Should you skip a meal or do intermittent fasting?

  1. Home
  2. Should you skip a meal or do intermittent fasting?
Should you skip a meal or do intermittent fasting?

Should you skip a meal or do intermittent fasting?

There are so many fads regarding diets and wellness that it becomes almost impossible to know what to follow. People have lost their wealth and life following some of these dangerous diet plans.

The new thing on the block is intermittent fasting.

Intermittent fasting is not new to our Indian culture and with so many religious opportunities and traditions to fast, people have been following intermittent fasting for ages.

Research has proven that the brain is a hybrid vehicle and is in optimal function when it switches between sugar and fat as its fuel,” says Jandial, MD, an associate professor in the Division of Neurosurgery at Los Angeles-based City of Hope National Medical Center. “The easiest way to achieve this is with intermittent fasting.”

In addition to promoting weight loss, so-called intermittent fasting may deliver a host of other surprising health benefits, from improved heart and brain health to a lower risk of diabetes, and even a longer life, recent research shows.

The evidence that intermittent fasting benefits the health of overweight people is already very strong, and its potential to slow or reverse certain diseases looks very good,” says Mark Mattson, Ph.D., a neuroscientist at Johns Hopkins University in Baltimore and author of a new article on intermittent fasting in The New England Journal of Medicine.

Within as little as 12 hours of going without food, the body begins to make changes to conserve energy and operate more efficiently, explains Benjamin Horne, Ph.D., a clinical associate professor in the Division of Cardiovascular Medicine at Stanford University.

With its tank of glucose, or sugar, empty, it starts burning fat and producing chemical byproducts called ketones, which circulate throughout the body, improving insulin sensitivity, dampening inflammation, and feeding the brain. Blood levels of sodium and a compound called TMAO (implicated in heart disease) plummet, while red blood cell counts rise, providing a boost for heart health. And levels of a compound called brain-derived neurotrophic factor (BDNF), a protein essential for maintaining healthy neurons, spike.

Meanwhile, the cells move from building mode to rest and repair mode, cleaning up and fixing faulty mitochondria (the energy-producing furnaces of the cell), and reducing oxidative stress (the cell damage that makes tissue age).

That eating pattern comes in several varieties.

Some plans call for restricting eating to a 6- to 12-hour window per day. Others call for eating normally a few days a week, then radically restricting calories for 2 or 3 days.

Both approaches have been shown to help, with studies in the realms of weight loss and metabolic health showing particular promise.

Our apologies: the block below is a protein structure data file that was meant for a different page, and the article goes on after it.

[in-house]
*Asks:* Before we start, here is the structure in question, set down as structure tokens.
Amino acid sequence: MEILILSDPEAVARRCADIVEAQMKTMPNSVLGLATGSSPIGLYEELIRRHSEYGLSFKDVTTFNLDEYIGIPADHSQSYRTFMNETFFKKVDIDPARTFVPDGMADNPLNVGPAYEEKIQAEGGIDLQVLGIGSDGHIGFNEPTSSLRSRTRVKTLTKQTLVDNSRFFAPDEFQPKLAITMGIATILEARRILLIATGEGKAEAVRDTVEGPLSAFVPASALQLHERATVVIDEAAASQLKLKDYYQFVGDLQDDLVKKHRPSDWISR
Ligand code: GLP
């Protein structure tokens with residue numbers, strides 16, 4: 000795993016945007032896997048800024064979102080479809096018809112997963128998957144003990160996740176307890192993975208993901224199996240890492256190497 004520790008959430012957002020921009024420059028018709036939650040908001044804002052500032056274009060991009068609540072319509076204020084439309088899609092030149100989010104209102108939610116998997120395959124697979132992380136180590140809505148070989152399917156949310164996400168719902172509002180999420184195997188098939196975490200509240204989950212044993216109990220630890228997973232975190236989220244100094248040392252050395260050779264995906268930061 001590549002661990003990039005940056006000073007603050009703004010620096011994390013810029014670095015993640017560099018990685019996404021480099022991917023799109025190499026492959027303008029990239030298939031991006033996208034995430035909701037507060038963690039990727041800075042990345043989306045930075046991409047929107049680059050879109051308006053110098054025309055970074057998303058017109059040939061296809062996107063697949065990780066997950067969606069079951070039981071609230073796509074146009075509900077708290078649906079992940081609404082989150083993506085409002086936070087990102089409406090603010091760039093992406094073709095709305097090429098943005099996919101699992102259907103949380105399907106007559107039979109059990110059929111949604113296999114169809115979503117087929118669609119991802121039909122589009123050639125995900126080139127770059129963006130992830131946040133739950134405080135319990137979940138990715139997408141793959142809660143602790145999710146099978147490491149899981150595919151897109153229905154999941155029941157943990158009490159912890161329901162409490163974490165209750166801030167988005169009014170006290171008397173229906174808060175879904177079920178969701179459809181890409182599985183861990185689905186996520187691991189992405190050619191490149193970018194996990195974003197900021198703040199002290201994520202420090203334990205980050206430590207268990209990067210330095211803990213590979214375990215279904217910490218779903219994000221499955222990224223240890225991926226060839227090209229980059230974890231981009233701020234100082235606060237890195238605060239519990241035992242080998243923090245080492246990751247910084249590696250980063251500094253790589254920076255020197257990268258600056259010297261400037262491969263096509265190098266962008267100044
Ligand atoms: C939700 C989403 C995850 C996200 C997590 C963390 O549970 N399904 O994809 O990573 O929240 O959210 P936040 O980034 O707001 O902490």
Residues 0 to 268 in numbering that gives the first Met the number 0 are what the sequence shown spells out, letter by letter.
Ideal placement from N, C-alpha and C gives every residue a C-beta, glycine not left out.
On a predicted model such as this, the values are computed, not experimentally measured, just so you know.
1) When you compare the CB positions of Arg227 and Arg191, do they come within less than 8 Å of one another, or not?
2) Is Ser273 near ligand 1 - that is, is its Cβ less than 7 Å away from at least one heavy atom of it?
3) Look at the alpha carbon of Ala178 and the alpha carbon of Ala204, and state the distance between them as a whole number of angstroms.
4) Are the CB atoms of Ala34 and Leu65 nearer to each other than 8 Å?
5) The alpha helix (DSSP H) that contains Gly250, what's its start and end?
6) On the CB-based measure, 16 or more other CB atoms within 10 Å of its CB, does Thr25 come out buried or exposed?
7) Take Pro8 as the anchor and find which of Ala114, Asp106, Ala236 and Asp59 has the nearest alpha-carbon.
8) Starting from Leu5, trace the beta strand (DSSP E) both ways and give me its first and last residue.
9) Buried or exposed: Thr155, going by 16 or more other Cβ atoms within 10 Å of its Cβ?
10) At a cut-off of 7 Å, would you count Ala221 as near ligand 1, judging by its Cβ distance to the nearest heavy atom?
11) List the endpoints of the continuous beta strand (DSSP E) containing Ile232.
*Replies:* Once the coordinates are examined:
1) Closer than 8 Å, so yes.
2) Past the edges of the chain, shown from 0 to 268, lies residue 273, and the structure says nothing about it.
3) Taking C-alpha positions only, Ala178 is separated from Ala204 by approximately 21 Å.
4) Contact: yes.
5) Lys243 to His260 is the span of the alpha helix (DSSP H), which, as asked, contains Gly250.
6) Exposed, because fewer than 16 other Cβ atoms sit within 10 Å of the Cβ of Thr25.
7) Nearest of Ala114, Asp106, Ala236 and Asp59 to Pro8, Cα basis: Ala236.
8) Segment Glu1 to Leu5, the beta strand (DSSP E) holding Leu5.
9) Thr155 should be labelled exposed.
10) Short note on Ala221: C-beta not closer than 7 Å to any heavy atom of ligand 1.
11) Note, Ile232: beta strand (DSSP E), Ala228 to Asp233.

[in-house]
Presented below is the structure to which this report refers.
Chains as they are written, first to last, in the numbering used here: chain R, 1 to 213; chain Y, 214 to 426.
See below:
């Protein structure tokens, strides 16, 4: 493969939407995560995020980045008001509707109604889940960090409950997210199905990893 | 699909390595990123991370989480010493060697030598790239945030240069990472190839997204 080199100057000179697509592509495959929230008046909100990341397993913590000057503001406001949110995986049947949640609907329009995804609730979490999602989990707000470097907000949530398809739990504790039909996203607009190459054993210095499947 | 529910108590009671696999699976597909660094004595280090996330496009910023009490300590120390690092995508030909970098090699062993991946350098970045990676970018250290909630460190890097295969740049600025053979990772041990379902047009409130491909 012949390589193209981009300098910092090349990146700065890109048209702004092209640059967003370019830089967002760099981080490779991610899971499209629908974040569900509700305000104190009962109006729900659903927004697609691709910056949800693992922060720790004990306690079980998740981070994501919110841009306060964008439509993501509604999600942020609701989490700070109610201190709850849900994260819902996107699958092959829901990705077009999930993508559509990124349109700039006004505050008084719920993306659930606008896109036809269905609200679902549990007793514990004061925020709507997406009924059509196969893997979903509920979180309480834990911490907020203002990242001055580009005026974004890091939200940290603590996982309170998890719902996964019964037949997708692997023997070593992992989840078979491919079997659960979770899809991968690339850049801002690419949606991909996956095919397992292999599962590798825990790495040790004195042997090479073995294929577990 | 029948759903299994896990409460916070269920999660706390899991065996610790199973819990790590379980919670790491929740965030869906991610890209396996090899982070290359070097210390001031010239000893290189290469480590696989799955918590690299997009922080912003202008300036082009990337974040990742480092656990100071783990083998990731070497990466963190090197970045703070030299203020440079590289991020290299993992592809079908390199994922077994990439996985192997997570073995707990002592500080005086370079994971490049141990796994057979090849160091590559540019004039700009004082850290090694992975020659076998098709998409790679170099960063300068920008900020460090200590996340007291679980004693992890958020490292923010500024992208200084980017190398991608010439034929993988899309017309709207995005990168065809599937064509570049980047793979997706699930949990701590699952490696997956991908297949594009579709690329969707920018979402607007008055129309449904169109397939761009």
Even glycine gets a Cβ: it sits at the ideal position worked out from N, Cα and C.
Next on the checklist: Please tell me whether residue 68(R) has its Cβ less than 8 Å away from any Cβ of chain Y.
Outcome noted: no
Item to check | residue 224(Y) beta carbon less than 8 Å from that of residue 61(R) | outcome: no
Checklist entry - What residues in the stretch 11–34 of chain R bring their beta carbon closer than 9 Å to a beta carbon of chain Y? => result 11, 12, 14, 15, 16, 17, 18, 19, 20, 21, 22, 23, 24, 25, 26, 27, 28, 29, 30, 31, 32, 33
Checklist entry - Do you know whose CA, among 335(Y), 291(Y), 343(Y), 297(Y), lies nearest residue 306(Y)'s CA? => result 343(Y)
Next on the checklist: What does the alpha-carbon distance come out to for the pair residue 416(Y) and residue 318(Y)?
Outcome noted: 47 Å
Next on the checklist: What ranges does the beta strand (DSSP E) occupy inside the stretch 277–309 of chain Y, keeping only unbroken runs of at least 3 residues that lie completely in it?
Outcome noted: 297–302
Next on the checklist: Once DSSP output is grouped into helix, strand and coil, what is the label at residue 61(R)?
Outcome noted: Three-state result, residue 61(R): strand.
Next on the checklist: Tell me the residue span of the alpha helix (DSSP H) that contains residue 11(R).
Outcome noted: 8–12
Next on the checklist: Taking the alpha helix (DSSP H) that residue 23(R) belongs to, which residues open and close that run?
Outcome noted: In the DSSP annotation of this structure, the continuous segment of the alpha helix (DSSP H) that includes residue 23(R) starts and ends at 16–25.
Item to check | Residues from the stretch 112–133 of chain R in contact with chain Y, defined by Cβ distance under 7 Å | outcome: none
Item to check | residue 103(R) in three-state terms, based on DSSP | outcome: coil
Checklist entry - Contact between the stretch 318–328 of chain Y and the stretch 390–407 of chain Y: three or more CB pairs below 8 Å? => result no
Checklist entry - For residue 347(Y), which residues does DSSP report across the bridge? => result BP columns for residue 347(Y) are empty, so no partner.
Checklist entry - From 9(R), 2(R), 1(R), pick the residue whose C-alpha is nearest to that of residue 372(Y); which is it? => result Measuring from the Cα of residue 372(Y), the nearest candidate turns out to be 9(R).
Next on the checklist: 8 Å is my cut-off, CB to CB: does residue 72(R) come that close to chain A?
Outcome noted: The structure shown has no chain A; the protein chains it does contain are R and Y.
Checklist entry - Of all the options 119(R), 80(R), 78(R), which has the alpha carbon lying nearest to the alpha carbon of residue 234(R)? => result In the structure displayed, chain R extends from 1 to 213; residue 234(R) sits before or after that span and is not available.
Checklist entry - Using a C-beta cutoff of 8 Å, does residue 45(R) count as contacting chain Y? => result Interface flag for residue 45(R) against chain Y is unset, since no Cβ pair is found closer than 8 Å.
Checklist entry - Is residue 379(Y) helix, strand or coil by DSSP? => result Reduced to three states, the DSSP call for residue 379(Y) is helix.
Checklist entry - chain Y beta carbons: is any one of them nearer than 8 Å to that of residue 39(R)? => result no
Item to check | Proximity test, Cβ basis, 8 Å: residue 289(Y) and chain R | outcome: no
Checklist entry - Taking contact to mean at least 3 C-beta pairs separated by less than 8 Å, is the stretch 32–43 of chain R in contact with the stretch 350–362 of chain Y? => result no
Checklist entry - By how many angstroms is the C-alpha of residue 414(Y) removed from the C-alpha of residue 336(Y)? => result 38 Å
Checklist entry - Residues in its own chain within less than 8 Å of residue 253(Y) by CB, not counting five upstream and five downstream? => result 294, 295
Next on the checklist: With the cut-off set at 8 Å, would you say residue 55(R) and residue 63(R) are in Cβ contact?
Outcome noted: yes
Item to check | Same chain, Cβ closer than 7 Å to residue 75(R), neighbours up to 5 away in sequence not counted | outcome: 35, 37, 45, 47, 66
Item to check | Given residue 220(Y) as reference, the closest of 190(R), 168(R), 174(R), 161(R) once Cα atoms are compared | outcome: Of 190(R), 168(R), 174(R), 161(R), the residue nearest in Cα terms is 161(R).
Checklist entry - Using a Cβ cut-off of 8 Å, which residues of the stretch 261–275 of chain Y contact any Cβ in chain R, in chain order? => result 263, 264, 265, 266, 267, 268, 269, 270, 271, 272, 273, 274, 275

What’s a Fast?

Simply put, it means you stop eating completely, or almost completely, for a certain stretch of time. A fast usually lasts from 12 to 24 hours, but some types continue for days at a time. In some cases, you may be allowed water, tea, and coffee or even a small amount of food during the “fasting period.” month. This has provided scientists with quite a bit of information about what happens to your body when you fast, and the news is mostly good.

Certain types of fasting may help improve your cholesterol, blood pressure, glucose levels, insulin sensitivity, and other health issues.

This is an off-and-on type of fasting. There are three main types that doctors have studied and people have used for weight loss and improved health:

  • Time-restricted feeding
  • Alternate-day fasting
  • Modified fasting

Scientists have known for decades that ketones, which are produced when the body is starved of carbohydrates and are able to penetrate the brain can be a potent energy source for brain cells and calm “electrical storms” or seizures in those who have a type of epilepsy. Fasting can also stimulate the production of the anxiety-quelling neurotransmitter GABA. (During extreme fasting for the movie The Machinist, in which he lost 62 pounds, actor Christian Bale described it as “the most Zen-like state I’ve ever been in in my life.”) And animal studies have shown that intermittent fasting can prevent brain cell death, fend off Alzheimer’s-like symptoms, and boost the ability to learn and remember.

On the flip side, anyone who has ever felt like taking a nap after a big meal knows how too much food can sap mental energy.

The most looming question is if this pattern of eating might have long-term detrimental health effects. And for those who are already thin or elderly, fasting can potentially lead to bone loss and muscle wasting.

For people who are fortunate enough to be in good health and able to choose when and what to eat, a few skipped meals as a small sacrifice for big gains.

Dr.Rakesh Rai. MS, FRCS, MD, CCT, ASTS Fellow